Grad Makes ROTC History with Cybersecurity Degree

Security

Southern University celebrated a first in its history with the graduation of Davonne Franklin, 22, a member of the Army National Guard who was the school’s first ever cybersecurity graduate.

Franklin enrolled in the ROTC and attended Southern University after graduating from McKinley High in Baton Rouge. When he completed his basic training, he returned to Louisiana as a private with the goal of studying cybersecurity at Southern, where he was able to take part in an undergraduate research project in cybersecurity for the U.S. Department of Defense, according to The Advocate.

Now a second lieutenant who has graduated, Franklin will move on to be a cybersecurity officer, who will work to strengthen defenses against cyber-terrorism. “The biggest existential threat that faces our national security is cybersecurity,” said Capt. Troy Glover, a member of the Southern University Army ROTC staff who spoke with The Advocate.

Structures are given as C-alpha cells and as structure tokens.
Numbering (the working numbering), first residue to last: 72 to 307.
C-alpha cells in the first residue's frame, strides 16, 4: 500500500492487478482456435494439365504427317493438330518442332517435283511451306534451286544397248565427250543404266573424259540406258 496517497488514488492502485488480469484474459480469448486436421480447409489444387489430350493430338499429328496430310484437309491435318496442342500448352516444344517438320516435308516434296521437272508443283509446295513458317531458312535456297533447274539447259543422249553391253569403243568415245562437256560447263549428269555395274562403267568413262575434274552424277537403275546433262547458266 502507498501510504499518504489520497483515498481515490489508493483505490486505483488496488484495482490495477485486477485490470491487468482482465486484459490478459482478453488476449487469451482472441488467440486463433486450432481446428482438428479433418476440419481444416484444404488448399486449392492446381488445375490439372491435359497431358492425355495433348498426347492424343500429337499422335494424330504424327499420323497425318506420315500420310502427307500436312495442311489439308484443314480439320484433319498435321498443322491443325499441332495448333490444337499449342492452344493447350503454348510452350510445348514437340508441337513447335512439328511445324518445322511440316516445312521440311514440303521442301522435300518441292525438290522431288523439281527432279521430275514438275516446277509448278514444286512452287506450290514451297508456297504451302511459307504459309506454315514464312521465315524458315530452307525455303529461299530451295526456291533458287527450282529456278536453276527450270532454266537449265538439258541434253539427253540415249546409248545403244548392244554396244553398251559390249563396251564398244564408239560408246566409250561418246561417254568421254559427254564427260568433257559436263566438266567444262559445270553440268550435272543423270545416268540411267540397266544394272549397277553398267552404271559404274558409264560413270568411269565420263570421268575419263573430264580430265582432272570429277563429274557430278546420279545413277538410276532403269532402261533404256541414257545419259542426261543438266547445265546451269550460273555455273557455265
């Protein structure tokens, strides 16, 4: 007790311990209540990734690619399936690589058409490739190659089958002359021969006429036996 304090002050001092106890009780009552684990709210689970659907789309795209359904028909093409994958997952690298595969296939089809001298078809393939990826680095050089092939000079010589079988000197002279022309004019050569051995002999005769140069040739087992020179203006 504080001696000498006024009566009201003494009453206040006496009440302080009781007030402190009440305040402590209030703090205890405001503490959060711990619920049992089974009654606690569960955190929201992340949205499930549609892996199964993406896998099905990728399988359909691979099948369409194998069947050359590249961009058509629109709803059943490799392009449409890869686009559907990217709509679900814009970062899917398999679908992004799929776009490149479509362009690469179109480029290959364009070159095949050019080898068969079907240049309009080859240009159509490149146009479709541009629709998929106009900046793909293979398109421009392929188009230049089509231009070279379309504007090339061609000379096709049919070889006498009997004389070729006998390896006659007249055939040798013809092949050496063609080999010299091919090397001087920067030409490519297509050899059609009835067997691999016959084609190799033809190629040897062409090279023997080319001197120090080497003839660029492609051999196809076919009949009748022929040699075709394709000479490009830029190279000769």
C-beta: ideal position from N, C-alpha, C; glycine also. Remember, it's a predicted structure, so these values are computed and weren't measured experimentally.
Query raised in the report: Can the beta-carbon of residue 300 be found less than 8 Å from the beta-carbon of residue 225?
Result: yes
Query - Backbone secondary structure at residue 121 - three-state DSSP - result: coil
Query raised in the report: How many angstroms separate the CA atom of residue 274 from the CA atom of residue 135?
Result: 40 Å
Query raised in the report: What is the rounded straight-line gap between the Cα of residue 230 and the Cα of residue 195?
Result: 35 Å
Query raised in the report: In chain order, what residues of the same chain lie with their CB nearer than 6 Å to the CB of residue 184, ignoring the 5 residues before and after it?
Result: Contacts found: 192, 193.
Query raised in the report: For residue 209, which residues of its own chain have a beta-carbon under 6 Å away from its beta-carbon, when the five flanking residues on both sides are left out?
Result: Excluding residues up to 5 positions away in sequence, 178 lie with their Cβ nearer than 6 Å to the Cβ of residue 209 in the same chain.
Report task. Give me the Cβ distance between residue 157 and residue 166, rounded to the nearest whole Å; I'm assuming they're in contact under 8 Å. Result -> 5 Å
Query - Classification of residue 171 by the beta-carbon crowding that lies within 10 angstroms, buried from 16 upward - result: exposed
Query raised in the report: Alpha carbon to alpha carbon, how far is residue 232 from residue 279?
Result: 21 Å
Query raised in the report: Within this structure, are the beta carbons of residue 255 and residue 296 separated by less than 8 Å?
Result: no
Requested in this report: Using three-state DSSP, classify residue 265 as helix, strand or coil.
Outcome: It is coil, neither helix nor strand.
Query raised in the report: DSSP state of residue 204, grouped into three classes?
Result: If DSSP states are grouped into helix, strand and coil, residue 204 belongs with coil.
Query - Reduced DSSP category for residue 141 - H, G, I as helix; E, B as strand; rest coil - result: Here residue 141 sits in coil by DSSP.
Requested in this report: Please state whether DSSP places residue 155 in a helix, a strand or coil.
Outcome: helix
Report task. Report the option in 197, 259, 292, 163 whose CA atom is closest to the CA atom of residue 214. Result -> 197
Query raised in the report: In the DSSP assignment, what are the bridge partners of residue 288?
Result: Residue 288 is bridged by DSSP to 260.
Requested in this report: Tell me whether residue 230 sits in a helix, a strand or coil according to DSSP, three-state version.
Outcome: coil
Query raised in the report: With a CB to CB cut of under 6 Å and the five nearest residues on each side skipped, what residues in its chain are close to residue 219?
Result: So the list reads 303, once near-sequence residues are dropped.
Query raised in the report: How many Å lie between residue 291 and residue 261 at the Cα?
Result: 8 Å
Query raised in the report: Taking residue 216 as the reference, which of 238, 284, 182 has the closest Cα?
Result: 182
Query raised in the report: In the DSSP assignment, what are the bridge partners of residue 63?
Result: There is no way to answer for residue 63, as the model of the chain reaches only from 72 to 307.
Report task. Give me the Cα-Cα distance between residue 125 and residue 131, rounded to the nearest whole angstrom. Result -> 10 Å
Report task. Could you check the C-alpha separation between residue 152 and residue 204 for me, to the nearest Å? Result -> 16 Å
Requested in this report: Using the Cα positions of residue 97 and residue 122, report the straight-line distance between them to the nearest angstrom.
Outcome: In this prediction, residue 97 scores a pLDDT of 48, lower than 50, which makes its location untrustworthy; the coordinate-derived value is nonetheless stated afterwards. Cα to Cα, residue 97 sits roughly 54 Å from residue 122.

“I came back more focused,” Franklin reportedly said. “When I returned, I knew I wanted to join Army ROTC and become an officer, and I wanted to change my field in the National Guard to cybersecurity. I also wanted to pursue a degree in computer science. I just needed that slight chance,” Franklin said. “Growing up African-American, you can feel things are denied you.”

Cybersecurity degrees are growing more popular around the globe, with curiosity about the industry calling for more details about what a cybersecurity degree entails. According to IT Governance, the three key pillars of a cybersecurity strategy involve people, process and technology.

Given the increased frequency and costs associated with attacks, educating users about cybersecurity is a critical part of securing the enterprise. “Cyber-attacks can disrupt and cause considerable financial and reputational damage to even the most resilient organization. If you suffer a cyber-attack, you stand to lose assets, reputation and business, and potentially face regulatory fines and litigation – as well as the costs of remediation,” according to IT Governance.

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